Craig David: Well, we start the UK tour, which is predominantly to start the world tour, the first week of June, and we work that, which then works into Europe. I feel like I’ll be back out here [in] the middle of July with my live band, ‘cause we’ve been rehearsing at the moment, for this tour, and I think that [with] the momentum of the single being played here on radio, it’s important to get out here and to do the live shows. There’s 1 Thing being played on radio, 1 Thing gettin’ [my] face shown over the Internet, and [my] music gettin’ out there, but the live shows are where people get a real feel for who you really are.
DJ Booth: Well, obviously you’ll be hittin’ America hard with your new material from your brand new album, Trust Me. Give everyone who has not heard enough of Craig David, a reason to trust why your music can take them to a whole new place that they’ve never been before.
Craig David: You know what? At the end of the day, I have a massive respect for the artists that’s come out of America. Growing up as a DJ, I’ve listened to so many different artists and been able to be inspired by them. And bein’ only twenty-seven years old, I’m very privy to all the stars and the cool production that’s coming out of America. But, I feel that being from Europe, out of London, some of the styles of that are very parochially British, some of the emceeing stuff, some of the dance music, I’m able to infuse that with my understanding of American music, to create something that’s a little bit different. There’s so many great R&B artists, from Chris Brown, Usher, Justin Timberlake doing his thing, Omarion – I don’t really want to try and compare with those guys, ‘cause [they] have got the thing locked down. Throw me an acoustic guitar, I’ll make you feel like the guitarist is the DJ, I’ll throw some beatbox in, with some kinda Twista-style melodies, add some rapid speed, and then kind of drop it back and do some R&B soulful vocals, too. It’s all about tryin’ to push the boundaries of what you can really do. Once you’ve heard the new album, and then you come out to see me live, I think hopefully you’ll be at a point where you’ll be like, “You know what? This guy’s not too bad!”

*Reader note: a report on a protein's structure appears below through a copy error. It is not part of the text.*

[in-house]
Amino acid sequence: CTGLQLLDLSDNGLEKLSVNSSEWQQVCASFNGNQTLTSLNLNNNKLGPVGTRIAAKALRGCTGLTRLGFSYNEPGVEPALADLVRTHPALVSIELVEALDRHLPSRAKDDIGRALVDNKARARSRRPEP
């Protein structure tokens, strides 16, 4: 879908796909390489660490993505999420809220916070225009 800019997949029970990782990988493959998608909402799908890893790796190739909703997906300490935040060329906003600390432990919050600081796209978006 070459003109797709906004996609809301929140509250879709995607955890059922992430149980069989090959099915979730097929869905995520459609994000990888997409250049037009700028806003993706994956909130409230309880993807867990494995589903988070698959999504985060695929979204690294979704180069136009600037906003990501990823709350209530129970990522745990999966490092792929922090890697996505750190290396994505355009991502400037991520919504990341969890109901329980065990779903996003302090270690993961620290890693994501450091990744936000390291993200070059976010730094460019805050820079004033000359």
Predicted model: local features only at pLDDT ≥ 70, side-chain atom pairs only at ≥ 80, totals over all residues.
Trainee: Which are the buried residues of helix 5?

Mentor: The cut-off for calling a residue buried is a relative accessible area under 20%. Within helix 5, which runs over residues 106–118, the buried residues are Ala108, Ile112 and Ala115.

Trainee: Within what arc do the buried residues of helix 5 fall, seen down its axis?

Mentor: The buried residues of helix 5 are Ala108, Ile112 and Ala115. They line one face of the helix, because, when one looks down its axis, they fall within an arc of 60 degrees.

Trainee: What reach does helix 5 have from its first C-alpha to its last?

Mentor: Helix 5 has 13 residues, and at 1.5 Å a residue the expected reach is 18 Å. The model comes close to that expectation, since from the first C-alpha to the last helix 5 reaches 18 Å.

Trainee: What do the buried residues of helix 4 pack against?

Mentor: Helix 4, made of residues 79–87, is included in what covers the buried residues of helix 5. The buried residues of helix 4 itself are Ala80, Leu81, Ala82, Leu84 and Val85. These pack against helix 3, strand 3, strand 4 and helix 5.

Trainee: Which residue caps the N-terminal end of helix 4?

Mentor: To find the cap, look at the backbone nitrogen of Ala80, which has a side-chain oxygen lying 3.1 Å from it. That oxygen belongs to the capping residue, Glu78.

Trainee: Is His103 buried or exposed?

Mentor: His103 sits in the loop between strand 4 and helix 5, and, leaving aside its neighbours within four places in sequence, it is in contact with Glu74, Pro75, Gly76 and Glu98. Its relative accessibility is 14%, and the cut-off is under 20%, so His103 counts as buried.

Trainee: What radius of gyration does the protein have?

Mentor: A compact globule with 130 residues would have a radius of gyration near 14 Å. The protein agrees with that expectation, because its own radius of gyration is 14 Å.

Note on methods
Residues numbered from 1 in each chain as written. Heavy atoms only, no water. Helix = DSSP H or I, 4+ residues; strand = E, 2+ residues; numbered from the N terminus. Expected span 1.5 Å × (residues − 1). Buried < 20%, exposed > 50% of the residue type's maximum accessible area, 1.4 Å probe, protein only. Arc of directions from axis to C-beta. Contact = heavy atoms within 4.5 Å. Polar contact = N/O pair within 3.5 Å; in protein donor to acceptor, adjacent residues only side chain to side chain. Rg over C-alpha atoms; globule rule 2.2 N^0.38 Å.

DJ Booth: Well, no disagreement from me; that versatility and that individuality is what makes you stand out above the rest. Craig, give everyone a website or a MySpace page, so they can find out more about you, impending tours, and, of course, the album in stores, Trust Me.
DJ Booth: Craig, thank you so much for takin’ the time to join me inside the DJ Booth, and I wish you nothing but the best of luck. This has been, sincerely, my pleasure.
Craig David: Z, it’s been absolutely my pleasure, and thank you for your support. I really do appreciate it – you’re a good man.